Into the Mines

Fellows check out the inside of a reclamation chamber at the Eagle Mine in Marquette Mich., where miners go in case of safety hazards.

Staring into a white-hot, 1,000-degree furnace gave me a moment of recognition.

I was peering into an enormous kiln at the Tilden plant in Marquette, Mich., a huge rotating machine that’s just a small part of the 20,000-acre mine, watching as iron ore became steel. It was just weeks ago on an assignment for Door County Living that I saw the same process take place in a carport in Southern Door, in a handmade clay kiln.

I’m currently a fellow on the Institutes for Journalism & Natural Resources’s Mining Country Institute, on a bus with almost 20 journalists traveling around Michigan’s Upper Peninsula and Northern Wisconsin. Yesterday, we donned hard hats and steel-toed boots to travel below the earth in Eagle Mine, and again to look over the mile-long, mile-wide, 1,200-foot deep Empire mine.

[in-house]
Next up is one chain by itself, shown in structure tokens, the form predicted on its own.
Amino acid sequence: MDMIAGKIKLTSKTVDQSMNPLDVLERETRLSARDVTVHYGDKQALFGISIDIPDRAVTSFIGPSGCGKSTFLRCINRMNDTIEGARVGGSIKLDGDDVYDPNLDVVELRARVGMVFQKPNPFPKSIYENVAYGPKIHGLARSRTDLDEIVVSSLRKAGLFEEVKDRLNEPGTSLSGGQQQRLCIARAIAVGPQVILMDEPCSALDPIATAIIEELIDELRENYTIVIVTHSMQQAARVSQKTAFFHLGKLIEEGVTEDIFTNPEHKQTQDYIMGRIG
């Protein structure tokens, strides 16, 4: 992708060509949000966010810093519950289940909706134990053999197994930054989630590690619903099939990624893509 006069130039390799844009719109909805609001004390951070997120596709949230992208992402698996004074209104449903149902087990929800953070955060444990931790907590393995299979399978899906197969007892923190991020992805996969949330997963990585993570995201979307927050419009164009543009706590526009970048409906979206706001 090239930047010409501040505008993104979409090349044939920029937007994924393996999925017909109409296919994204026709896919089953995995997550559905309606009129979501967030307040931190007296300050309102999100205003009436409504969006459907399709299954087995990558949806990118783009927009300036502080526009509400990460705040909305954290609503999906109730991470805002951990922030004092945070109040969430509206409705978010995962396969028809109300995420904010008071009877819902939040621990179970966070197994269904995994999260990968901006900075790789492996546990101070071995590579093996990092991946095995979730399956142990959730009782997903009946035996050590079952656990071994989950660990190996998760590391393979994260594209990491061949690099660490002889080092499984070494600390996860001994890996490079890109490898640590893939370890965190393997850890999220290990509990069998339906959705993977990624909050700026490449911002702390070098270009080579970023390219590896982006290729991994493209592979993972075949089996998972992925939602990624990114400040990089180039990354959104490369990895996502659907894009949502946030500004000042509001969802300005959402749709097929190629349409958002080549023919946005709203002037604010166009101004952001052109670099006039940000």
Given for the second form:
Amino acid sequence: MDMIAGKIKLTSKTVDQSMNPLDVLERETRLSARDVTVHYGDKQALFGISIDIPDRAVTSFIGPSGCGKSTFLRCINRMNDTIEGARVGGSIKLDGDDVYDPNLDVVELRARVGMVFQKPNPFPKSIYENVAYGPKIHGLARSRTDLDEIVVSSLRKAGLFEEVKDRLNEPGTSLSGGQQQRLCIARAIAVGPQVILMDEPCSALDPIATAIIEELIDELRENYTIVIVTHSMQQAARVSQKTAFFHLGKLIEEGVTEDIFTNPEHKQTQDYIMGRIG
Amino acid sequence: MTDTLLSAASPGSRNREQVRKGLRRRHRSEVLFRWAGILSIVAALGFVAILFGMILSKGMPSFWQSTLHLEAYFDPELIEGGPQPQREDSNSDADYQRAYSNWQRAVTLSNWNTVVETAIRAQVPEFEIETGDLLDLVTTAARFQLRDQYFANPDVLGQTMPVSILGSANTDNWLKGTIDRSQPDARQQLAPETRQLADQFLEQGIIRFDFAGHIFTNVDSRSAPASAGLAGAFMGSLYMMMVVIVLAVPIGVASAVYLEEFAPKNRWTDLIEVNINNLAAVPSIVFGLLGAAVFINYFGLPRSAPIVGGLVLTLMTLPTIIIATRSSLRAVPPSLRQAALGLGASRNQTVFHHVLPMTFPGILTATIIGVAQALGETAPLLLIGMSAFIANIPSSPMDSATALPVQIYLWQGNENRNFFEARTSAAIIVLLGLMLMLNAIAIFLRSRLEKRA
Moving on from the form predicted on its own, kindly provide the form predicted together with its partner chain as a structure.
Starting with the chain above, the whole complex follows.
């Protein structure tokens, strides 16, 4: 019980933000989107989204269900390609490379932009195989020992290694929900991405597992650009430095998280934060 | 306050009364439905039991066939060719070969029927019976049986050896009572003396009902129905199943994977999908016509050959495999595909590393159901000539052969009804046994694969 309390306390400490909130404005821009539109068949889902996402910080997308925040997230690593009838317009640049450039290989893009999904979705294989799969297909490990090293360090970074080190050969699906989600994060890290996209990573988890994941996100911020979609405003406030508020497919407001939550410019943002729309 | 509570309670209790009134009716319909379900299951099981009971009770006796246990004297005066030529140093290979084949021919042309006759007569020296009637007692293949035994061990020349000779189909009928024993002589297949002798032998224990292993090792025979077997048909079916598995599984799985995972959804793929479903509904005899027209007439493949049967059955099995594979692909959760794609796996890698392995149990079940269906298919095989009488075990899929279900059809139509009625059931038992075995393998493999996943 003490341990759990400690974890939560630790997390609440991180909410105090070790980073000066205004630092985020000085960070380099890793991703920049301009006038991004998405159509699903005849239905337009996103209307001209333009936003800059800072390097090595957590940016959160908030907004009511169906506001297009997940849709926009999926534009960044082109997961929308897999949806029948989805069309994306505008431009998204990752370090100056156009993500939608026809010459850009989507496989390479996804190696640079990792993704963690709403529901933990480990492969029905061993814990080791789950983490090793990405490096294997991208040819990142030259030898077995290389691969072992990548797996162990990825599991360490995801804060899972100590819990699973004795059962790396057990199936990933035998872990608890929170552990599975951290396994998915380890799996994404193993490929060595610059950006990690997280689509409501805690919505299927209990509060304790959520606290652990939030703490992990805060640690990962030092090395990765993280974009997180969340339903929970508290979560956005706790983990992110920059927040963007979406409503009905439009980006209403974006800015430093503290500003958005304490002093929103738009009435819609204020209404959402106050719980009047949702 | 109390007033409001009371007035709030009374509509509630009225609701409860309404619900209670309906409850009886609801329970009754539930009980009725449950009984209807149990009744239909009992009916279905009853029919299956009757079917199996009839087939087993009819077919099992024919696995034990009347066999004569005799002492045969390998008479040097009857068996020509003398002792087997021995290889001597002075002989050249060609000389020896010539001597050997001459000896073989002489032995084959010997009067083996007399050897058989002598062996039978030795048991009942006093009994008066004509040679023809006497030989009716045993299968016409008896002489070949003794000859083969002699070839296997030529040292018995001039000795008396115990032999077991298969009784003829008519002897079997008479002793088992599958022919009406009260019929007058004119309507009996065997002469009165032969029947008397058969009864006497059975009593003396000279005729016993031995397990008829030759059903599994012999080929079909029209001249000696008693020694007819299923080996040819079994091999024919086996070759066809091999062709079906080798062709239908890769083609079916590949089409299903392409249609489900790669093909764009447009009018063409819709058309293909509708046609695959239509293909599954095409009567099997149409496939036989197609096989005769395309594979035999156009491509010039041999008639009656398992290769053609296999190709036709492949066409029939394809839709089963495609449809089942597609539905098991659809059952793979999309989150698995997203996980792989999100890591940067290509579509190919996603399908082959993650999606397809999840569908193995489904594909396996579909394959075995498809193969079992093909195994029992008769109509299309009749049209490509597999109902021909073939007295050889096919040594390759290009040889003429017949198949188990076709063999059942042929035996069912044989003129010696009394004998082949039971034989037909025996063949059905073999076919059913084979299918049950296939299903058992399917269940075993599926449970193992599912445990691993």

I know Door County isn’t mining country. We don’t have the huge pits dug in the earth or the jobs that come with the industry. We don’t even sit on Lake Superior, the body of water potentially affected by the resurgence of the industry.

But we have other natural resources. The more time I spend following environmental news stories of every kind, the more it becomes clear that the discussion is often the same. How do you fairly weigh the economic benefits of industry against the environmental scars it leaves?

Lundin, the company that owns Eagle Mine, may have found a way. It partners with Superior Watershed Partnership, a regional environmental nonprofit, and pays them to be third-party monitors and make sure the mine isn’t hurting the environment. And so far SWP has remained a true watchdog – in October 2012 they went public when they found uranium near the mine exploration site.

The partnership was born out of community concern. People wanted a guarantee Eagle Mine wouldn’t hurt the environment, and they trust SWP to be the watchdog.

That kind of partnership between industry and environmental watchdogs, however contentious, has potential. It could be a model used by more third-party scientists, concerned communities and industries.

Learn more about the partnership at